ROBONTICS 2020 is the first edition of a workshop aimed at providing a platform to disseminate research into robot autonomy enabled by knowledge-driven approaches, and in particular formal ontologies. Its purpose is to foster communication between the fields of robotics, ontology, and knowledge representation and reasoning, to match open problems to promising approaches, and to review progress in knowledge-driven robotics.
Tutorial : An Introduction to the BORO Foundation and its Industrial Applications through its Modelling Approaches
Lecturers: Chris Partridge, Sergio de Cesare, Pawel Garbacz, Andrew Mitchell
This interactive tutorial introduces the Business Object Reference Ontology (BORO) and its associated methodology (bCLEARer) to re-engineering legacy data and systems through working hands-on with BORO Modelling approaches. BORO is an extensionalist foundational ontology that has been widely applied in industry. Examples include the oil and gas, finance and defence sectors. The modelling approaches that will be used are Space-Time Maps and the associated STM Domain Models, Ontological Euler Diagrams and BORO UML (BUML). The organisers will present the modelling approaches in a way that reveals the ontological foundations of these approaches.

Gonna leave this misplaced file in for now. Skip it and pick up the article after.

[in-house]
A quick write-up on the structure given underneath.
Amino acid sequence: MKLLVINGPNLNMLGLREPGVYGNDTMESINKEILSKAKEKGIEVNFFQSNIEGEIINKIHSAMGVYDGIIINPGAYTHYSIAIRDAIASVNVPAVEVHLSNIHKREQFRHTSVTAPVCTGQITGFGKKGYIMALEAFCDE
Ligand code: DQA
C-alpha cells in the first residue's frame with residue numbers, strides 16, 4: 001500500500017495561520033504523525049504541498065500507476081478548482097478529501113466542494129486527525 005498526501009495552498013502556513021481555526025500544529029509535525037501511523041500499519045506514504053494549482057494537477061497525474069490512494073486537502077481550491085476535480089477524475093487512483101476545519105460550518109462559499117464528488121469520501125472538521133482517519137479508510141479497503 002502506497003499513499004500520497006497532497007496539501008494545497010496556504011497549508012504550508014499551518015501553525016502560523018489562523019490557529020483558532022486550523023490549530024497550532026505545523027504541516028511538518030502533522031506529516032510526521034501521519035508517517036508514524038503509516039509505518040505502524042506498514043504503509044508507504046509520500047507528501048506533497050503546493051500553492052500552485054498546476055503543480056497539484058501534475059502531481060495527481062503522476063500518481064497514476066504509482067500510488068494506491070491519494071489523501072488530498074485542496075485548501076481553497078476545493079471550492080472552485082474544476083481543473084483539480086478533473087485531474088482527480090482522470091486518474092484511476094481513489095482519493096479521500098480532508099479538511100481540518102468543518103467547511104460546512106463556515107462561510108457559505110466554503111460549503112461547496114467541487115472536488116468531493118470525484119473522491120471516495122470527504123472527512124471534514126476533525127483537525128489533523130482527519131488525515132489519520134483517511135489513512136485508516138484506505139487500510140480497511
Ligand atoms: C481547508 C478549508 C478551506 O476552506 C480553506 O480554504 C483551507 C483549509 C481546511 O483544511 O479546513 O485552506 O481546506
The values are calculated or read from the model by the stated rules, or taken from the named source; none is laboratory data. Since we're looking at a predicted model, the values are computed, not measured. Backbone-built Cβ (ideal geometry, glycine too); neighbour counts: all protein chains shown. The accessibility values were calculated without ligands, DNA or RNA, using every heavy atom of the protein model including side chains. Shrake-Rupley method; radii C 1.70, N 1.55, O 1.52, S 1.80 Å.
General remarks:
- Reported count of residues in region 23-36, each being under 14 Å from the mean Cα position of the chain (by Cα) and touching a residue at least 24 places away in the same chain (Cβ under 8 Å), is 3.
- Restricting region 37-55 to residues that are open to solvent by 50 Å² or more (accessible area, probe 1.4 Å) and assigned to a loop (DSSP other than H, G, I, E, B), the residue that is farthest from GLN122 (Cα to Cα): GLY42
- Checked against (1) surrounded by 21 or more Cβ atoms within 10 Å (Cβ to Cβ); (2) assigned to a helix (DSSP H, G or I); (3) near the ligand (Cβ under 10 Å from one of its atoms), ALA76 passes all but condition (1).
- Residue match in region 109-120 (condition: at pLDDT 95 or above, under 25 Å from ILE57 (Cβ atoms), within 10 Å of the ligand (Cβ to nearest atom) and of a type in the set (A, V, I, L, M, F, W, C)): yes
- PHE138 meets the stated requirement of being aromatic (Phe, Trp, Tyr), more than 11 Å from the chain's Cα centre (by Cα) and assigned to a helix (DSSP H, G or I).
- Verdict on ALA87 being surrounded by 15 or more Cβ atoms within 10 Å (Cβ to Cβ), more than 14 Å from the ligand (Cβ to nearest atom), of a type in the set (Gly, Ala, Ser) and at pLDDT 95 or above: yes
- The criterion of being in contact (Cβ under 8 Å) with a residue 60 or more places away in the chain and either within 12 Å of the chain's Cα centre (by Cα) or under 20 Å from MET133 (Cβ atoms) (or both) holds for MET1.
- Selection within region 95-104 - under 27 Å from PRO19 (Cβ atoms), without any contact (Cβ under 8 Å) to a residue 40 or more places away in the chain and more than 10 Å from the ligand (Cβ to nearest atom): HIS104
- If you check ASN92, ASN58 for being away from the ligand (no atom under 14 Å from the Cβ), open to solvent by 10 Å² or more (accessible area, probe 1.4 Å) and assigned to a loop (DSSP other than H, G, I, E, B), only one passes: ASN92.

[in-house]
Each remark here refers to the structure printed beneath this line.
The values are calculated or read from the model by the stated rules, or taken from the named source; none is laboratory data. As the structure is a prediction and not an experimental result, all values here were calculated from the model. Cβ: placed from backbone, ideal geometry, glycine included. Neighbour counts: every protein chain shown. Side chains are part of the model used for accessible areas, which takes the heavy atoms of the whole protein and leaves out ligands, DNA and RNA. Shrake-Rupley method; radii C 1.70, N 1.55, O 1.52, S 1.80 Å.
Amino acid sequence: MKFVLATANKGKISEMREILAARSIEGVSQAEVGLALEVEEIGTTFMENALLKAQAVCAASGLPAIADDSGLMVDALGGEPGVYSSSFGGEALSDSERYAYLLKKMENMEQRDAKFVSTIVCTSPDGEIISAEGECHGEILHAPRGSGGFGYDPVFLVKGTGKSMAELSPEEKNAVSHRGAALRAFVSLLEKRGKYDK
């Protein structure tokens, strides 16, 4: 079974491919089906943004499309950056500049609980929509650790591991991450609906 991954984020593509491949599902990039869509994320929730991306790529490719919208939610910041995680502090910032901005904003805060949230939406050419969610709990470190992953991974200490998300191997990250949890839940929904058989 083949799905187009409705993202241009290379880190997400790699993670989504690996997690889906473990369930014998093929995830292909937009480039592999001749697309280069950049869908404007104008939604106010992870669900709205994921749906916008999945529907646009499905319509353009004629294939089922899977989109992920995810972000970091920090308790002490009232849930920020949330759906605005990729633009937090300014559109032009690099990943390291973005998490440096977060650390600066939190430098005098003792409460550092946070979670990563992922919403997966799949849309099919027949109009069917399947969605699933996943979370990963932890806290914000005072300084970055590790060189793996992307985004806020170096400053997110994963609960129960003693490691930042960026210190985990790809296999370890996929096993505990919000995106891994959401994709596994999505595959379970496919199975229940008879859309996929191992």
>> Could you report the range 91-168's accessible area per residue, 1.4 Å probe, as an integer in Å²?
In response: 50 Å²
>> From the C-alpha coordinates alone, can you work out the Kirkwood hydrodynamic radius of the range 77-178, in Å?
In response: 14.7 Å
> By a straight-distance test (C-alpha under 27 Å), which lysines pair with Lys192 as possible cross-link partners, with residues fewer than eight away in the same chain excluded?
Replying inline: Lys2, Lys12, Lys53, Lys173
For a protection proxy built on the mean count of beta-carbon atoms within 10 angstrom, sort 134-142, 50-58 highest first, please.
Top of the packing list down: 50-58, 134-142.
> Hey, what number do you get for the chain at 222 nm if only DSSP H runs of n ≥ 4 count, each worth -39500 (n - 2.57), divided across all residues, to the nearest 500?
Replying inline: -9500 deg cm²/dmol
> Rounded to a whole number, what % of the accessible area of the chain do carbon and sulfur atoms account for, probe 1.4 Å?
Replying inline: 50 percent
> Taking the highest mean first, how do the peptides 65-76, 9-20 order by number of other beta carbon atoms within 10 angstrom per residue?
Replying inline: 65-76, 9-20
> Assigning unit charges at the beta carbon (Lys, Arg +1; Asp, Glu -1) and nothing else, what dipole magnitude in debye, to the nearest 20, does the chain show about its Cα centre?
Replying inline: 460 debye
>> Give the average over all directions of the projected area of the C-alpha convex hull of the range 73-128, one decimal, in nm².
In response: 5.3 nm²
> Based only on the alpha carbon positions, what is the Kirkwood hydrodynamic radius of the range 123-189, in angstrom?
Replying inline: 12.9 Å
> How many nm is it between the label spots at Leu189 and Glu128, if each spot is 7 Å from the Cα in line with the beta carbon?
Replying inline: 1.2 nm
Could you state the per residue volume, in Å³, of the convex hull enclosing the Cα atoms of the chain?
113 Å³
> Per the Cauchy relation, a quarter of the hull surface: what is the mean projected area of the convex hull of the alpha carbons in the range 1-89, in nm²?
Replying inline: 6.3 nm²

Tutorial: Knowledge acquisition for ontology development
Lecturer: Mara Abel
Ontology development is a result of collecting shared consensual knowledge applied to solve a large range of tasks in a community of practice. Ontologies differ from knowledge models in the sense that the semantic is not based on the software application itself, but in the common acquaintance of the terminology among a community under the philosophical view about world understanding. This tutorial explains the distinction between knowledge models and ontologies as a motivation for applying distinctive approaches for knowledge acquisition and modeling for both types of models. It introduces practical steps and techniques for knowledge elicitation with the focus of producing well-founded domain ontologies for industrial projects. We discuss how to select the professionals and legacy material that will be the source of knowledge. We present techniques for literature analysis, open and structure interviews for knowledge elicitation, data analysis for ontology modeling, and preliminary specification of the concepts. The content considers and discusses previously developed cases on oil and gas industry. We aim the explanation would be useful for general use in conceptual modeling tasks.
Tutorial: Verbal and non-verbal predication across the grammatical-conceptual divide
Lecturers: Bridget Copley, Isabelle Roy
Studying natural language data without a knowledge of grammar is like cooking without labels on the spices—it’s quite possible, but it’s helpful to know which spice is in which bottle. That is, it’s helpful to know that a predicate in language gives us information about the kind of entity its argument is. In this tutorial we provide an introduction to the use of verbal and non-verbal predication to study ontology at the grammatical-conceptual divide. In the morning we present some basic tools (natural language syntax, architecture, and compositional semantics), and in the afternoon we zoom in on selected topics. No linguistics background required.